With the success of comic book movies in the last decade, it's sometimes hard to forget that these films don't explore all of what the pulpy medium offered. The rise in popularity of comics in a few different "eras" inevitably led to saturation in the medium. When something becomes saturated, creators don't care as much about what they're putting out, since everything sells. This is how a book like The Legion of Regrettable Supervillains can collect quite a few foes that were better left forgotten.
If there's anything this book does well, it's showing how simple and bland the early years of comics were. Perhaps I'm just used to the modern era that's had decades to figure out which superheroes and supervillains work best. Many of the early comic villains are forgettable, indicating a lack of imagination on the part of their creators. Unfortunately, since this book collects a lot of these villains in one place, it is boring to get through. After a few pages of supervillain puns, I got the "joke" this book was trying to make. And it just kept going.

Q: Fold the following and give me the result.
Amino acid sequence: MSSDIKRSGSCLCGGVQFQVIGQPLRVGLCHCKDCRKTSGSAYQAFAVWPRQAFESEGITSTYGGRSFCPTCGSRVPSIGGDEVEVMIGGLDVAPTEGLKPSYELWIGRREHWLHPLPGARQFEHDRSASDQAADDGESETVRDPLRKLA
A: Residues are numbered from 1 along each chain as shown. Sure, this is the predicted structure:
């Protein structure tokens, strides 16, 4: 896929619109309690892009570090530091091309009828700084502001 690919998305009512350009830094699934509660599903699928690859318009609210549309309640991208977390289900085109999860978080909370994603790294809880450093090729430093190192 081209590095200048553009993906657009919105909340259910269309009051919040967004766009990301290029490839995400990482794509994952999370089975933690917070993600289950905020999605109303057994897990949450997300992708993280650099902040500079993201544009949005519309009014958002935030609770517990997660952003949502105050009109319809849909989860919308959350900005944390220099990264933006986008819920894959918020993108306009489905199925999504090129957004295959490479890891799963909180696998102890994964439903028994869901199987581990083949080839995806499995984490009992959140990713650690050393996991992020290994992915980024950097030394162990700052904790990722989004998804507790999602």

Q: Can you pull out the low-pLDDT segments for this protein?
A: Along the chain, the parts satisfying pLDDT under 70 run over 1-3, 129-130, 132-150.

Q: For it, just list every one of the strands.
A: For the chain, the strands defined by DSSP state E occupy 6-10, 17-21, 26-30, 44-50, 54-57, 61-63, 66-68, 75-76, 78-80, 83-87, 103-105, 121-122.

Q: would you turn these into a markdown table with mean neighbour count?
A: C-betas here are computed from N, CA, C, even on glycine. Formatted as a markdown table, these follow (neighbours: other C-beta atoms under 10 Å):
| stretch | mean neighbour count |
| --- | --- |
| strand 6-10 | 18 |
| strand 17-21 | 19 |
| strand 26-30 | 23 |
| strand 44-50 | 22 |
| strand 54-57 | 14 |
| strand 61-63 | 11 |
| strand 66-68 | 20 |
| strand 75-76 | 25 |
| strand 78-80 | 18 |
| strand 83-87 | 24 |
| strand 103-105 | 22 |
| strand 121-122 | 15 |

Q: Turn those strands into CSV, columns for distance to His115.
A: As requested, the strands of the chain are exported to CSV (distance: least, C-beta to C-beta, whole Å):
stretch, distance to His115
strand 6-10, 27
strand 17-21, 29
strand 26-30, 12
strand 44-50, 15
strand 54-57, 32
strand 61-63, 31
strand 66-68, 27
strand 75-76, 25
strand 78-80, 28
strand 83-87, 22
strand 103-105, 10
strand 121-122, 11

While I understand organizing this book chronologically showed how these regrettable supervillains evolved over the years, I think it might have had more variety if it just stuck to being exclusively alphabetical. After all, it would have kept my attention a little better if I learned about a villain like Lepus before being reminded that M.O.D.O.K. exists. Perhaps my surface-level interest in comic books (especially the classics) is why it took me a while to get through this book. Still, if you want to be a super-fan of this medium, you might already know about Doctor Voodoo, which might make this humorous commentary on him a moot point.
A slightly amusing gimmick that highlights the lack of early comic book creativity, I give The Legion of Regrettable Supervillains 3.0 stars out of 5.